New green deal proposal could create over 20,000 jobs in Northern Ireland
A ‘carbon army’ of workers creating more than 20,000 new jobs as part of a low-carbon economy has been mooted as part of a ‘Green New Deal’ for Northern Ireland.
The deal was proposed by a coalition of businesses, trade unions, farmers, voluntary and environmental groups who are calling on government to take a joined-up approach to recession, rising unemployment, rocketing energy prices and climate change.
Northern Ireland’s economy is at risk of failure if fuel prices continue to rise as the country is 99% dependent on imported fossil fuels for energy, the group said.
It has published a vision of how a major investment programme to cut fossil fuel use could create thousands of new jobs, help secure the energy supply and build a low-carbon economy, saying it was “modelled on Roosevelt's New Deal during the great depression of the 30s”.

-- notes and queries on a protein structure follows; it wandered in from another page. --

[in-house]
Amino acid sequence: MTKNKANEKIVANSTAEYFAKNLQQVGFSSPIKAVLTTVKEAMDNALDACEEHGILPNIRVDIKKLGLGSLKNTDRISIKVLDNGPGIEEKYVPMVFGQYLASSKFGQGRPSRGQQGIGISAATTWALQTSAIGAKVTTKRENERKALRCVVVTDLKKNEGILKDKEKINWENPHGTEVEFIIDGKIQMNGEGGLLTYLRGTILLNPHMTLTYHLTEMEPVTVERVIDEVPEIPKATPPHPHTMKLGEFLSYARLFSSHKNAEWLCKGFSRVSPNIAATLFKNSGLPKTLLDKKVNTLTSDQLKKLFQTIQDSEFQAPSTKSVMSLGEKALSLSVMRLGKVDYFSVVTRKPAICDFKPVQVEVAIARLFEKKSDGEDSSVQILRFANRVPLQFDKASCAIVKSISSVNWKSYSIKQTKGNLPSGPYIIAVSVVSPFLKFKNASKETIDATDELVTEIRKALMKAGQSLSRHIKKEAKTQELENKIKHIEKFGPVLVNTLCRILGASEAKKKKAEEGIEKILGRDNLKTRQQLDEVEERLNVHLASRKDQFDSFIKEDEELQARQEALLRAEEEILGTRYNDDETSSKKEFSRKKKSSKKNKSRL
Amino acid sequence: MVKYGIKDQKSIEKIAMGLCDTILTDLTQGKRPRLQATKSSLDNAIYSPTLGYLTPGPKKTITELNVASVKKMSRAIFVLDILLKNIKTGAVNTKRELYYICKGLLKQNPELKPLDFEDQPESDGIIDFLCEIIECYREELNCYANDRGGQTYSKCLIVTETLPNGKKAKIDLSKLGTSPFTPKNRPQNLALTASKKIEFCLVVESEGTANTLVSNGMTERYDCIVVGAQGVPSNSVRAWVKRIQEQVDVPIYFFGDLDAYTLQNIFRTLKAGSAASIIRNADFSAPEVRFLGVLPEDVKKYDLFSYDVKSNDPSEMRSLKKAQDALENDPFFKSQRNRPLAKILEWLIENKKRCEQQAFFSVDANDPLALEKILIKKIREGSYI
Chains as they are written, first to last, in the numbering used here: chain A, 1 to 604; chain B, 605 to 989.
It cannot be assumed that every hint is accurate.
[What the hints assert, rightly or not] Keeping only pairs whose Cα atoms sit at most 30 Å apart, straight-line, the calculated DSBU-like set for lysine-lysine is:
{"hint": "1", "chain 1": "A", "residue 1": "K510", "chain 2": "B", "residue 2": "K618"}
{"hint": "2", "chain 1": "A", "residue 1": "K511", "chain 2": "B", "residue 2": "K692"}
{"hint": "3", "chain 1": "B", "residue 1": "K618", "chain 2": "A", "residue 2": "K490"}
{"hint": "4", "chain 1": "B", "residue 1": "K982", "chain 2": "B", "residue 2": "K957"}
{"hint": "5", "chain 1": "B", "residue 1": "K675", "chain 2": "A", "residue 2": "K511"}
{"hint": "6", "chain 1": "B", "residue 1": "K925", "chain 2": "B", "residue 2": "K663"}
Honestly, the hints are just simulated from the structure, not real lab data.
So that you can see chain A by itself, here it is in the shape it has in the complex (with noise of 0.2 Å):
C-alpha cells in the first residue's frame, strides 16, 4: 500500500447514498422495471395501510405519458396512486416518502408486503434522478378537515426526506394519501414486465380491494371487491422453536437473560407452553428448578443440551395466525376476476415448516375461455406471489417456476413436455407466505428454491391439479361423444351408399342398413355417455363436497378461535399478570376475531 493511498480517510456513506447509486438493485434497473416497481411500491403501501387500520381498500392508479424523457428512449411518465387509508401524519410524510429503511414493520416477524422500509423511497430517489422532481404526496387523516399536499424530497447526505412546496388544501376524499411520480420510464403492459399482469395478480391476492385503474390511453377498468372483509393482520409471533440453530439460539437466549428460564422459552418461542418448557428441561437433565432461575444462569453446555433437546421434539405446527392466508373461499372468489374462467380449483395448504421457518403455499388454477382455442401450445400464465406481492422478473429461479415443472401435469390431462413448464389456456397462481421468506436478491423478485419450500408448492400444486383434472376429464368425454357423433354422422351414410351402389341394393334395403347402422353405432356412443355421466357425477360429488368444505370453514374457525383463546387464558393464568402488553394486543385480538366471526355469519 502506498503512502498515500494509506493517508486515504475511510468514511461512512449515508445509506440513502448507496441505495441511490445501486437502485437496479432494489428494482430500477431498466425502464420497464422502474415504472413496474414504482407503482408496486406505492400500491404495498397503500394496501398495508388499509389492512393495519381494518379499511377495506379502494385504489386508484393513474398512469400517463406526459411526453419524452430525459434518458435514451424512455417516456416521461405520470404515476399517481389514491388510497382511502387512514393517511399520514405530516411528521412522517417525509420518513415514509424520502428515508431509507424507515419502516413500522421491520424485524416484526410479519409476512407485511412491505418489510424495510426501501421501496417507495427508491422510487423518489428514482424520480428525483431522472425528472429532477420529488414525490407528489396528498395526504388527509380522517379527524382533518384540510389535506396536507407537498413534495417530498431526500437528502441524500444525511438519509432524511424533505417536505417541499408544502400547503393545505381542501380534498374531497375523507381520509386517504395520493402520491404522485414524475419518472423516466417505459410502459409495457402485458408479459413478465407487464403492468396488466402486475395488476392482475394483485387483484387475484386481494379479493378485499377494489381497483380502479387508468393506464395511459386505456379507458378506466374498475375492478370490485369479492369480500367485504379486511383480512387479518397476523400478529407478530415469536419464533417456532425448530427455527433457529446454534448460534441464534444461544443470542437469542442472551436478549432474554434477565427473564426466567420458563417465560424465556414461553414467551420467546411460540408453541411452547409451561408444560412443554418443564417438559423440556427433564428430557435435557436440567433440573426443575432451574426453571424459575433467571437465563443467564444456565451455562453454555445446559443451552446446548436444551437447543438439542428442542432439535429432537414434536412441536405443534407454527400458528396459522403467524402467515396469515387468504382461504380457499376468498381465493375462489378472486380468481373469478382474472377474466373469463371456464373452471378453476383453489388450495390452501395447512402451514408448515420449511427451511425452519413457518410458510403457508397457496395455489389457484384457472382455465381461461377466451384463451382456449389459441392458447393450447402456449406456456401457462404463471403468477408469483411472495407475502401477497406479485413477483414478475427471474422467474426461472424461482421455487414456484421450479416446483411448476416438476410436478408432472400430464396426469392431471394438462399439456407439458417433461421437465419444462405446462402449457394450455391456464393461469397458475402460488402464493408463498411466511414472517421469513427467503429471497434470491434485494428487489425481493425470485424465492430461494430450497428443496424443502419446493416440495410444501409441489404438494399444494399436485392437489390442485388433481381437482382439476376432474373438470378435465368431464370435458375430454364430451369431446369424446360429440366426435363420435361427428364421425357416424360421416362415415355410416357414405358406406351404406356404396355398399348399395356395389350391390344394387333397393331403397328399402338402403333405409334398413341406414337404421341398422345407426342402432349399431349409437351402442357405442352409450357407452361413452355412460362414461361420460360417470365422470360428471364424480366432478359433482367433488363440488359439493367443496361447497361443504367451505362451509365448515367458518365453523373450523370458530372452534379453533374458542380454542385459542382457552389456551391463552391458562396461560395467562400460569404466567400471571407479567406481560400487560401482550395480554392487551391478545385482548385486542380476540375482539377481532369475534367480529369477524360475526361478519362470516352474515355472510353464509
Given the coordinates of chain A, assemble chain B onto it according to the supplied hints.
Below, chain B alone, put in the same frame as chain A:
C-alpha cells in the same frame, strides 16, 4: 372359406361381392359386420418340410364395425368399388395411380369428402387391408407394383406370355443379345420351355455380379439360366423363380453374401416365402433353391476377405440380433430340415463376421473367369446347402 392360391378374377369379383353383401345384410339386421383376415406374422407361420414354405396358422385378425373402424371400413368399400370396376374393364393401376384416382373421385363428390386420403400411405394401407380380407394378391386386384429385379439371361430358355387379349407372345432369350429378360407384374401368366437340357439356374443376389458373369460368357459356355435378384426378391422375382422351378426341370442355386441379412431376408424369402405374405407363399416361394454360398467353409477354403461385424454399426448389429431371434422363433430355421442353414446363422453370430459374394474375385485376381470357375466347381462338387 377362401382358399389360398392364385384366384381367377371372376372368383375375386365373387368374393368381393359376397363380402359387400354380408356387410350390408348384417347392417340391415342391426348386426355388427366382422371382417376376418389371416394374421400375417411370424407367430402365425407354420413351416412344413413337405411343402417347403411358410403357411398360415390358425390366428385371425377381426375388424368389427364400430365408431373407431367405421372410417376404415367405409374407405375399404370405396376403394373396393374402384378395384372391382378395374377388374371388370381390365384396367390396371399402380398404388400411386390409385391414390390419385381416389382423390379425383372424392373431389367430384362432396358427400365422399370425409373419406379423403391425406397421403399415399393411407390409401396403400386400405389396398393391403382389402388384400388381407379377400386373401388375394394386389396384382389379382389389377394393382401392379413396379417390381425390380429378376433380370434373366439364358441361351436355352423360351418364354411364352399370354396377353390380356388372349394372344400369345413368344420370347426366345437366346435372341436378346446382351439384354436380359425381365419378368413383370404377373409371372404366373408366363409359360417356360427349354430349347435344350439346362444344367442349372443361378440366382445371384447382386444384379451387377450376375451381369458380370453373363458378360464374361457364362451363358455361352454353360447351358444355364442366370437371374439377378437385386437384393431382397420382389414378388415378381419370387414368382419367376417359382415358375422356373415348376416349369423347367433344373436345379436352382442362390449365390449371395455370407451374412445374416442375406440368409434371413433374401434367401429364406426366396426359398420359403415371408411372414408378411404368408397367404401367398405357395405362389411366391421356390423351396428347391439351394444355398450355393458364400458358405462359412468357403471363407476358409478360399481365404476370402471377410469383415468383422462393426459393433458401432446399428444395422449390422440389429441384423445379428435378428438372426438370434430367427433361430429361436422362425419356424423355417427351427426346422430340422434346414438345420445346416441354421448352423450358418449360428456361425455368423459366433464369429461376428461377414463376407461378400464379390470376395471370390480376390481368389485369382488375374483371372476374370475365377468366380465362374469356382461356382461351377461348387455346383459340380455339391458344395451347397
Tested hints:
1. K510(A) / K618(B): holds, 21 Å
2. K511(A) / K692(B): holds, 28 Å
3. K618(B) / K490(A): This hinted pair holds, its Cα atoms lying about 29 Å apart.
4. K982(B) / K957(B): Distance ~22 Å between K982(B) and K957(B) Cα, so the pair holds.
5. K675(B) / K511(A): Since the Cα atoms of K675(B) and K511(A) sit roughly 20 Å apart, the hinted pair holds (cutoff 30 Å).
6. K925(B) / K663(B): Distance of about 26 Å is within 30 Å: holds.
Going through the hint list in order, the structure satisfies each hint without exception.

The green recovery plan is estimated to cost around £900 million a year, and the vision document highlights a number of potential funding streams including a combination of private and public funds, European money and bonds.
Clarke Black, chief executive of the Ulster Farmers' Union, said: “Just one per cent of our energy comes from indigenous renewable sources, but Northern Ireland has the farming expertise to grow the fuel crops which can help to heat homes and businesses, and help us reach a target of 15% renewable energy.”
John Woods, Northern Ireland director of Friends of the Earth, said: “We want the Northern Ireland Executive to adopt the Green New Deal as their 'big idea' for tackling recession, rising energy prices and climate change.”